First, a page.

Hey there, time traveller!
This article was published 16/4/2010 (2657 days ago), so information in it may no longer be current.
Making a Life on a Tough New Planet
By Bill McKibben
Knopf Canada, 240 pages, $32
AMERICAN environmental journalist Bill McKibben’s engaging, but heartbreaking, new book about global warming is not a wake-up call.
That call came in 1972 when The Club of Rome published Limits to Growth, which demonstrated that we were fouling our nest and depleting our resources.
But we hit the snooze button in 1980 with the election of U.S. President Ronald Reagan, and some of us are still lolling around wondering if there's really a problem. No, Eaarth is not our wake-up call; it's our pink slip -- for four decades of sleeping through crucial meetings, ignoring important clients and literally burning our capital.
As a result, we no longer live in the comfortable home of our ancestors -- the benign, predictable planet that nurtured our species and our civilization. We are out on the street of the new planet we created through unfettered growth and neglect.
"Eaarth" is McKibben's name for this new planet, the one that looks so much like the old one, but is so different in so many ways that will require so much of us.
McKibben founded the international campaign 350.org, which organized last year's worldwide demonstration calling attention to the need to keep atmospheric carbon dioxide below the 350 parts per million that would preserve a recognizable climate regime.
He is a veteran explorer of the mechanics and consequences of increased greenhouse gases whose 1989 book, The End of Nature, was the first to present these ideas to the general public. He has since published 10 others. Al Gore credits McKibben with inspiring his interest in the topic.
Eaarth provides mountains of indisputable evidence that not only is climate change our future, it is our present. We have failed to keep atmospheric carbon dioxide below 350 ppm. It is now at 390 ppm, and climbing. Notwithstanding the distracting oil-industry sponsored pseudo-debate, we have indeed warmed the planet, and all hell is breaking loose right now:
-- In 2009, for the first time since before the last Ice Age, both the Northwest and Northeast Passages were ice free.
-- Montana's Glacier National Park has only 25 remaining glaciers , out of over 150 in the 19th century. (Glaciers are the summer reservoirs for much of the world's fresh water supply.)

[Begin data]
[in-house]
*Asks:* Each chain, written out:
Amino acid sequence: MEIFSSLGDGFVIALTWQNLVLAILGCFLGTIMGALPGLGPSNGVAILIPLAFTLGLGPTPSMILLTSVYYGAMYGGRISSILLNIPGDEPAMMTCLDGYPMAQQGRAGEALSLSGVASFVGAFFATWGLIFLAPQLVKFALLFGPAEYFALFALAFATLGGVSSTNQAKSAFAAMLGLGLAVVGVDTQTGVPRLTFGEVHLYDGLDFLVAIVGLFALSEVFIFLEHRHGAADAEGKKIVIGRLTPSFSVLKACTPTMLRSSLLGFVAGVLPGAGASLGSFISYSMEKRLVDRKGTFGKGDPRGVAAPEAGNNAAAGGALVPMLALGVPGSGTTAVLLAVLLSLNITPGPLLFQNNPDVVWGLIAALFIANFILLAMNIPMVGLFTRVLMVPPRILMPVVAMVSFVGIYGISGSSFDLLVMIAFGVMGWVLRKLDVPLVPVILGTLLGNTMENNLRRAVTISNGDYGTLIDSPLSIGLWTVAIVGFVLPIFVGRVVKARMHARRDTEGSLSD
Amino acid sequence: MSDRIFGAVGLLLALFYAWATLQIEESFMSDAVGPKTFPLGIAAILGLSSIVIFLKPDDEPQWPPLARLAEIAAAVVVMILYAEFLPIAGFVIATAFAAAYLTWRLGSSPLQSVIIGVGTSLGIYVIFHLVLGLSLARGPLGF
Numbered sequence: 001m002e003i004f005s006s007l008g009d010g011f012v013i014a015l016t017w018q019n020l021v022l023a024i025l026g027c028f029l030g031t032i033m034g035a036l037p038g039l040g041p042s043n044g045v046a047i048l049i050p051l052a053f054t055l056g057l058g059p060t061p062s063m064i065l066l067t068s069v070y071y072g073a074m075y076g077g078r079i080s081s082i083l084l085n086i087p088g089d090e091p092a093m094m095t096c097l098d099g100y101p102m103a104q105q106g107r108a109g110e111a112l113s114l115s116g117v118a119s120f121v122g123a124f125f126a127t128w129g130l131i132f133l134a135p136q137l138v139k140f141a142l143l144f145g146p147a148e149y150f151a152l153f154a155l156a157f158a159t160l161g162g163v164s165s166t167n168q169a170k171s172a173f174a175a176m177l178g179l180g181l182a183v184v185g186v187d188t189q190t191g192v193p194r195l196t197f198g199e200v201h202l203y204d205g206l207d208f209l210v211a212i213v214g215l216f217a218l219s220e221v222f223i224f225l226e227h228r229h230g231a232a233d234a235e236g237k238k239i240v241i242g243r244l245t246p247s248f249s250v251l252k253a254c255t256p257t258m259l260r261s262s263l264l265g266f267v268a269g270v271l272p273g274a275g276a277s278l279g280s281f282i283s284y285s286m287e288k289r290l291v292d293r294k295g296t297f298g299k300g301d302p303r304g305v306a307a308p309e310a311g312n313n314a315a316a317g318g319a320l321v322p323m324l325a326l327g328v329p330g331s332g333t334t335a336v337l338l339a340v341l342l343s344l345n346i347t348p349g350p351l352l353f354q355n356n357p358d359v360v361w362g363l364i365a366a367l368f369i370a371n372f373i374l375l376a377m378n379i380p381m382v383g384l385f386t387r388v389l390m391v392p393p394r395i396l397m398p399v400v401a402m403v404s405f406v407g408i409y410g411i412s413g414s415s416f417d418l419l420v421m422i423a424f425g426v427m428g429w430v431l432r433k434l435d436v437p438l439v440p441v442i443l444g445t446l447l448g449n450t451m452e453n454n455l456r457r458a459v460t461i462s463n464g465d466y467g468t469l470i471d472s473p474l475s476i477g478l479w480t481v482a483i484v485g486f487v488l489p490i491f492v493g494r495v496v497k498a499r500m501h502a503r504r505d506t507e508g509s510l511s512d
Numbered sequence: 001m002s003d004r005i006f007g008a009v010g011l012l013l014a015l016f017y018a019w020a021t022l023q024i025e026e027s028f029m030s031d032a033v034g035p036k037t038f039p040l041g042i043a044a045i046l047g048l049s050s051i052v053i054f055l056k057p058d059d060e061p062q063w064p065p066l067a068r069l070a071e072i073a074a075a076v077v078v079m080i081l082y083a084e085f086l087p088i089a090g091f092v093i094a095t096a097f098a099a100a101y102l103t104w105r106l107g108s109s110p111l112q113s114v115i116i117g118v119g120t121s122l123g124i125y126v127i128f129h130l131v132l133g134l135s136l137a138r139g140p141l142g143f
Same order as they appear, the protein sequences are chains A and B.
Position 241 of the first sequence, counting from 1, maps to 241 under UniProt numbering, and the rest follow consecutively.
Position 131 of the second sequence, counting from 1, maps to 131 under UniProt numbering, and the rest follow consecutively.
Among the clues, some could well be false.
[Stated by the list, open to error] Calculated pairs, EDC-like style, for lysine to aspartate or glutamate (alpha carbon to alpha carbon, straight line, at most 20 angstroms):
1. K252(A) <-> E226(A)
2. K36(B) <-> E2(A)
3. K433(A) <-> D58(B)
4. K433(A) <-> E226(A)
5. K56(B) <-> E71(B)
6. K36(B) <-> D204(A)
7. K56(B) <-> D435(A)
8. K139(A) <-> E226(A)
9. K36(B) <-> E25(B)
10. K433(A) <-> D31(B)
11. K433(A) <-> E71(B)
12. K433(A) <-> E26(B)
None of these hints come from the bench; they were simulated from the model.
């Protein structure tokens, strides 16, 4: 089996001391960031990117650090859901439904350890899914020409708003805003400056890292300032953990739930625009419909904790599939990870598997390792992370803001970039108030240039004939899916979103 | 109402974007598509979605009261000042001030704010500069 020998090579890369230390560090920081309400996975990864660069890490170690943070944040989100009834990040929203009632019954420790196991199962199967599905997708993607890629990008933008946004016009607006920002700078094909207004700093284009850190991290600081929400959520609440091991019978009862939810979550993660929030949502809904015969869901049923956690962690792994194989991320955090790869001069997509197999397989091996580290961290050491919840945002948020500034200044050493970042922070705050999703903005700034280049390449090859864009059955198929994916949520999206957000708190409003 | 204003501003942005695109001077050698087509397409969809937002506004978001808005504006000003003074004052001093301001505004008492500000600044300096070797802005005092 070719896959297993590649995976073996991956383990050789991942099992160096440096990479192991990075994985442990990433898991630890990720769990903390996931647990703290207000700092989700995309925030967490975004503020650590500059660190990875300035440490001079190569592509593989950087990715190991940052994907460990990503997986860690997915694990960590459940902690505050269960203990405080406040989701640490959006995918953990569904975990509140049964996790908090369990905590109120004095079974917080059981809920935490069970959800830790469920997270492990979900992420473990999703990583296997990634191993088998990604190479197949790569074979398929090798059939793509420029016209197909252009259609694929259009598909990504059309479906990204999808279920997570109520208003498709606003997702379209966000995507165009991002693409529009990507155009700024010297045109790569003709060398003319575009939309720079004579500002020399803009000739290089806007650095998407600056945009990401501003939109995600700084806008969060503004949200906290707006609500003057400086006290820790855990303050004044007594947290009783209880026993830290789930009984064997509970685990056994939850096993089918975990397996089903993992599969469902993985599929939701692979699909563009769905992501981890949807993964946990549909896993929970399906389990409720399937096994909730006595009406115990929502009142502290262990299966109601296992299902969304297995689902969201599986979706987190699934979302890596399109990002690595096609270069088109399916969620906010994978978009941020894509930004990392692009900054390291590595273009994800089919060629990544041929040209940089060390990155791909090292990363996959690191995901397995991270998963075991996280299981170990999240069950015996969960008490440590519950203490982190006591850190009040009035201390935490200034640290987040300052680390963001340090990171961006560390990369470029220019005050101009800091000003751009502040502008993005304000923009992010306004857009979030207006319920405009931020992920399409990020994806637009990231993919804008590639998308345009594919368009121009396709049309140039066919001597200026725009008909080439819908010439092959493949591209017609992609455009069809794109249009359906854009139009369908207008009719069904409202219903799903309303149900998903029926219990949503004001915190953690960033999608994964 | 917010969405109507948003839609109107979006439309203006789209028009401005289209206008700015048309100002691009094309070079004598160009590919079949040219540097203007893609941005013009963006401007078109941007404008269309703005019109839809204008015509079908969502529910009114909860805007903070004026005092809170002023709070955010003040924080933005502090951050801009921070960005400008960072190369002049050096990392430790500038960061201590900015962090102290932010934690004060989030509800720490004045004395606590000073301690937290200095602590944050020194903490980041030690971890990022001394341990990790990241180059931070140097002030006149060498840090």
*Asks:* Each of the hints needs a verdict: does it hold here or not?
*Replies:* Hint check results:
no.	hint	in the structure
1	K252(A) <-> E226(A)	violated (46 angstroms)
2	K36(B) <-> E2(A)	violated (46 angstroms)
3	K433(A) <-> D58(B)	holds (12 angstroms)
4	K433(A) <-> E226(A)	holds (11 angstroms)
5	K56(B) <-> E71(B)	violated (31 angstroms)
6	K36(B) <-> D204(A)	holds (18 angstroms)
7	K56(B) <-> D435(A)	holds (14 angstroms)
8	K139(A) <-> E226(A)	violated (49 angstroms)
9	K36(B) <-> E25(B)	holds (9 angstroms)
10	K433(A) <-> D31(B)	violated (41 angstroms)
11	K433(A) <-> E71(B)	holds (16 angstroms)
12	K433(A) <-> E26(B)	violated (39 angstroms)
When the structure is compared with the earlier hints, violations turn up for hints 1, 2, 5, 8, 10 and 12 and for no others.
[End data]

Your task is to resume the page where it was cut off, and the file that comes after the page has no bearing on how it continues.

-- The oceans are more acidic than at any time in the last 800,000 years. (Excess CO2 is absorbed by the seas, lowering their pH. This will eliminate large populations of shellfish and all coral reefs.)
-- Lyme disease-carrying ticks are being found in Vermont forests in January, and dengue fever, malaria and West Nile disease break out at latitudes and elevations where they were previously unknown.
-- Insects surviving warmer winters are decimating Canada's boreal forest. (Our government has been forced to concede that our dying trees are no longer net absorbers of CO2, but now net producers due to rotting deadwood.)
-- The tropics have expanded by four degrees latitude, encompassing huge tracts of previously arable land and making deserts of them.
-- Rising sea levels are flooding and salting large areas of Bangladesh, making agriculture impossible.
McKibben's list is much longer, of course, and he details the complex feedback loops that exponentially amplify the initial effects of our nudging the atmosphere, thereby pushing warming and its effects on our natural and economic environment well beyond our control. (Can the insurance industry survive the increase in catastrophic storms, floods and general unpredictability? Can industrial civilization survive the demise of the insurance industry?)
So the battle to save the planet that allowed humans to settle down and flourish for the past 10,000 years is over. We lost. (Heck, we barely even fought.)
Now the question is, "How do we survive on this new planet?"
That's the subject of the second half of Eaarth.
McKibben is not a doomer; along with the termination letter, he offers a bit of job counselling.
First, we must change some vocabulary. Growth and the oxymoronic sustainable growth must go. On the new planet, where warming curves rise and energy curves descend, we will need the less exciting durable, sturdy, stable, hardy and robust.
Second, we must rethink bigness. The now ubiquitous concept of "too big to fail" applies to all systems where interconnectedness, monoculture and delicate global transport make us vulnerable to catastrophic failure.
Diversity and redundancy are our main protections on the new Eaarth. Locally based, decentralized economies, where many small producers supply energy and food, will be safer than our current arrangements.
When one goes down, there will be many more to pick up the slack. "[B]etter the Fortune 500,000 than the Fortune 500," he writes.
Maintenance will be our new national project. We've built a lot of stuff; we can no longer simply replace it.
And heretical as this may sound in our farming province, organic food production is our only future. We have been pounded with the notion that chemical-based industrial farming is more efficient and gives higher yields, but are never told that this is only per crop.
Organic methods of intercropping (planting more than one type of plant in a single field) yield much more total food per acre, are less vulnerable to pests, disease, dwindling oil supplies and the increasing unpredictability of rainfall, and will be the only way we will feed ourselves.
McKibben doesn't say it will be easy, but transitions never are. We do have some choices. Will we make the right ones, and soon enough? Our record so far is not encouraging. If one book can help, this is it.
Jeff Presslaff is a Winnipeg musician with a strong interest in environmental issues.